Note to lockmat: During my short research on facebook's active users, I found an article about Twitter's active users. Twitter brags that it has 175 million followers (last year). But again, the trick is what is 'active'. The author's research found that one third of Twitter accounts followed no other accounts, and one half of Twitter accounts had no followers. Further research dound that only 32% of the accounts followed 8 or more people, and only 10% of the accounts followed 50 people or more. So, Twitter is not quite the juggernaut that they'd have you believe, either.

You can get a good feel for how these accounts work by looking at HAIF's member section. Out of 8403 total HAIF members, 3,041 have never posted once, and 4689 have one or less posts. So, 56% of HAIF members have posted only 1648 total posts. Only 633 members have posted 50 or more times. That amounts to only 7.5% of all HAIFers. I'll let Wayne tell you how valuable those lurkers are as far as clicking on ads. I know that I've never clicked on a facebook ad, though I have clicked on some here.

just a note: some of my more tech savvy friends are on google+, but they never post anything. it seems people on google+ are on google+ just to check it out. very little movement. privacy isn't an issue if you set facebook up to NOT be public. of course, if you don't trust facebook to protect the privacy settings you've set or to hold your information, then no you shouldn't put anything online or shared. i'm not interesting enough to be worried about my privacy, nor do i expect i'll ever be a public figure.

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Facebook was awesome five years ago. Then, somewhere in late 2008 or early 2009, they "Twitterized" it, and all went downhill from there.

Actually, the figurative "death" of Good Facebook was when Scrabulous got sued out of business and was taken by "ZyngaVille" games.

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just a note: some of my more tech savvy friends are on google+, but they never post anything. it seems people on google+ are on google+ just to check it out. very little movement. privacy isn't an issue if you set facebook up to NOT be public. of course, if you don't trust facebook to protect the privacy settings you've set or to hold your information, then no you shouldn't put anything online or shared. i'm not interesting enough to be worried about my privacy, nor do i expect i'll ever be a public figure.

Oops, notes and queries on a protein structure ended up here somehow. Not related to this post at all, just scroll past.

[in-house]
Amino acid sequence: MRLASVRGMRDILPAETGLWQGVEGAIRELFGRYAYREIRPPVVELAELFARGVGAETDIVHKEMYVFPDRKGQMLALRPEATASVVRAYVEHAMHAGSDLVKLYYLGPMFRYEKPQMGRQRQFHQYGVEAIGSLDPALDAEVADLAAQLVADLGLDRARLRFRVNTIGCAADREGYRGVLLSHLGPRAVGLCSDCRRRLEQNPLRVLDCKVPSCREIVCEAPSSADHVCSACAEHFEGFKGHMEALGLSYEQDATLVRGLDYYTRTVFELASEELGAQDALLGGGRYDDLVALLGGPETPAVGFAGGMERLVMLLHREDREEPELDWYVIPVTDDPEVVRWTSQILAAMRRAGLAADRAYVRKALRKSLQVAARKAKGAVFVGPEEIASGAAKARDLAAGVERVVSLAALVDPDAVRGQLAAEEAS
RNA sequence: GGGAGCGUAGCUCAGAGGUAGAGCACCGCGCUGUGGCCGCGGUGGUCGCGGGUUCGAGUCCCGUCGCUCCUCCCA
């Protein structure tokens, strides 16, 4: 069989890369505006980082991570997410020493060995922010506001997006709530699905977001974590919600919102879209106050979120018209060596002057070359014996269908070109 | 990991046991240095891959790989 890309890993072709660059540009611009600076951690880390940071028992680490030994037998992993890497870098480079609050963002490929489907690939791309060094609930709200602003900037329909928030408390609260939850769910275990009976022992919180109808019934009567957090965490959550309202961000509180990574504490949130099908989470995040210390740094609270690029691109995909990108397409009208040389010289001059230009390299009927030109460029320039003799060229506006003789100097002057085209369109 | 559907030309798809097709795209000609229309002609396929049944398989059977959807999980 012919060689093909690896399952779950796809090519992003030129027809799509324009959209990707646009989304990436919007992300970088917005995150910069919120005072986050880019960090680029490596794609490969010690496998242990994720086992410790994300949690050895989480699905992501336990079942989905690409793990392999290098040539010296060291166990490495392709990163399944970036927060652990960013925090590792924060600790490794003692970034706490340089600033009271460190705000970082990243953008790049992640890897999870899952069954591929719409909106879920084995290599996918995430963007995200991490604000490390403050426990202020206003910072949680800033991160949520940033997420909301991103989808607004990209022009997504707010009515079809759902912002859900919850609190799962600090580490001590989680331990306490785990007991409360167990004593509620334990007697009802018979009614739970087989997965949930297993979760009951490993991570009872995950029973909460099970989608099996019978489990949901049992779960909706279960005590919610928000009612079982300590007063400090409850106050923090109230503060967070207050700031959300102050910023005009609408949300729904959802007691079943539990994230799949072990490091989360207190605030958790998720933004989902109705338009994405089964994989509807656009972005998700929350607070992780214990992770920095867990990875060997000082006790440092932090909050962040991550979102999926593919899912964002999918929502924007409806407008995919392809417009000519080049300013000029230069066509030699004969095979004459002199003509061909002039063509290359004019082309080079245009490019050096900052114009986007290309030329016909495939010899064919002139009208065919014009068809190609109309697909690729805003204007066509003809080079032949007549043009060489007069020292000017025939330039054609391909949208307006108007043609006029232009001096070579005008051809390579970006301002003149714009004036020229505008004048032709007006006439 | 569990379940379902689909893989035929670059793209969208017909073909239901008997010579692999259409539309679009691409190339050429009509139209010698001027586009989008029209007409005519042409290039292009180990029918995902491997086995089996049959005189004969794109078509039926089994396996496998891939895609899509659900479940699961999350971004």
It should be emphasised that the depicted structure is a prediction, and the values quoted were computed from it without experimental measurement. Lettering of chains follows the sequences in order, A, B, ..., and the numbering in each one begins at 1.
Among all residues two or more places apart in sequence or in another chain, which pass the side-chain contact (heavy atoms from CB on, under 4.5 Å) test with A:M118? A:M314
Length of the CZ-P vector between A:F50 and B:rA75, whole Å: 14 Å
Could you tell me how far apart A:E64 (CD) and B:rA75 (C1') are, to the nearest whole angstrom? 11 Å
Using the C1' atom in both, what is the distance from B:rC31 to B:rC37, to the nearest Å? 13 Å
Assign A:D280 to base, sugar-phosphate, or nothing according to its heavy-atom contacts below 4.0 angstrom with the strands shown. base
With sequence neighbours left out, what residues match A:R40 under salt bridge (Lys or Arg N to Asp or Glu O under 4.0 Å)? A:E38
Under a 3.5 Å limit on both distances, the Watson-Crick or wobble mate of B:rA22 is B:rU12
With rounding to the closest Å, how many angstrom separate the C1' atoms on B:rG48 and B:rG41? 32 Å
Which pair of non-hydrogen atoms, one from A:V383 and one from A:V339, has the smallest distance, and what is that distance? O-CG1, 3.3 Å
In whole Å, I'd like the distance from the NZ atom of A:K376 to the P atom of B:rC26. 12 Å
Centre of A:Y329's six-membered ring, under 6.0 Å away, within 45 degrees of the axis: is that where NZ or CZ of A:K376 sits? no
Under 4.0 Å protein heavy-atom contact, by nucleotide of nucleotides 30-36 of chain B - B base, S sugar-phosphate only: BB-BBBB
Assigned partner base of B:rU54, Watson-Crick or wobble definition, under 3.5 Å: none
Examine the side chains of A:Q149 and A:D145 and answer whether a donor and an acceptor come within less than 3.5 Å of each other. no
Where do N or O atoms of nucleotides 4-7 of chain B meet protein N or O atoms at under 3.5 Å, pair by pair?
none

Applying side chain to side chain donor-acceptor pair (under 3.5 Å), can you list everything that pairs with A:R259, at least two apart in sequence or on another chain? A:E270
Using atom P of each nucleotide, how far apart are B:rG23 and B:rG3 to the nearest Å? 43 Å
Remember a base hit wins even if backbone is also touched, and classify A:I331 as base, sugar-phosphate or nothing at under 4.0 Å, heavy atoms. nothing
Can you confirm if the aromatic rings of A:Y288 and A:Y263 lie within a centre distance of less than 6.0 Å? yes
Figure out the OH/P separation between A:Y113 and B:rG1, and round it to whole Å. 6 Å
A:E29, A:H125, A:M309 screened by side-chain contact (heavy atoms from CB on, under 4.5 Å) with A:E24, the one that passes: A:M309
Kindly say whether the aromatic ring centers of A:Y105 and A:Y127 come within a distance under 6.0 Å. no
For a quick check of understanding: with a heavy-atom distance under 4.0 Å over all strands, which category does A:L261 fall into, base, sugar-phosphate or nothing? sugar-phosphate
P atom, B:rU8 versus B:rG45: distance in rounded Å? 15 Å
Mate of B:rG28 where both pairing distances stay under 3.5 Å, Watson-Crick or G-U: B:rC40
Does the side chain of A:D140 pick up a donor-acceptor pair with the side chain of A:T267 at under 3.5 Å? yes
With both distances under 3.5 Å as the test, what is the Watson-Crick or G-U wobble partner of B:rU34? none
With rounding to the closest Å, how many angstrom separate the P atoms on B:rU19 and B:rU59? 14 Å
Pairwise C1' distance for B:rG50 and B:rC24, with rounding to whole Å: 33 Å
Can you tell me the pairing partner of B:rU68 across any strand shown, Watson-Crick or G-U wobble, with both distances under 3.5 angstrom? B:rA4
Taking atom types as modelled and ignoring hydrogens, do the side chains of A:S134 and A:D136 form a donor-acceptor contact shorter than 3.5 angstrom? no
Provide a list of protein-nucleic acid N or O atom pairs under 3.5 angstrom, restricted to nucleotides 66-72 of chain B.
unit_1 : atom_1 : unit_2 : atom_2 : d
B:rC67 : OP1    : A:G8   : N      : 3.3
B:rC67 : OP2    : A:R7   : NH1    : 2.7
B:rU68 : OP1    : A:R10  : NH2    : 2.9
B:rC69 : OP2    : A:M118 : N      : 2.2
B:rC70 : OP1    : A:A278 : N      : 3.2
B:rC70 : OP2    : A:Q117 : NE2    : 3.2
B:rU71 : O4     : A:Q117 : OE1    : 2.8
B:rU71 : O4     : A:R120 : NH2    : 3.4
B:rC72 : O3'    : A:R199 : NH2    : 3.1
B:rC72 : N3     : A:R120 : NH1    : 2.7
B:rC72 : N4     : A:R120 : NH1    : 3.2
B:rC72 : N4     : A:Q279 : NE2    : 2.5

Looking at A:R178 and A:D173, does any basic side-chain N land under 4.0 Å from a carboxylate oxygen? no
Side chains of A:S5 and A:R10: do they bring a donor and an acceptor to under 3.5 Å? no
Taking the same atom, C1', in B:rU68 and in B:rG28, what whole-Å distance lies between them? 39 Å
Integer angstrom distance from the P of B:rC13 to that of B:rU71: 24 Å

Privacy is always an issue, no matter what your settings are or how secure the website claims to be.

http://www.businessweek.com/news/2012-06-14/linkedin-s-stolen-passwords-spell-profit-for-gemalto

Not to mention the fact that companies can and are subpoenaed on a reqular basis for user information.

http://techcrunch.com/2012/04/06/heres-what-a-facebook-response-to-a-user-data-subpoena-looks-like/

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I know security is a big issue for everyone, but I've always been of the belief that if you don't want the world to know it, don't put it online. That goes for Facebook as well.  I know no matter how safe they tell us our information is, there is always a risk and so I am very selective about the information that I post there. 

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There is zero safety on the net.  There is only the assurance that all will be stolen.

 

the internet is akin to putting up your pictures and your writings on a signboard in front of your house (actually, it's worse than that).

 

 

 

 

 

 

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I am totally with you on that one UtterlyUrban. I'm just glad that I learnt this early on and I didn't splash my personal life all over facebook for the whole world to see. And people need to remember that the stuff they display there is out there forever and ever so they should be more careful about what they advertise.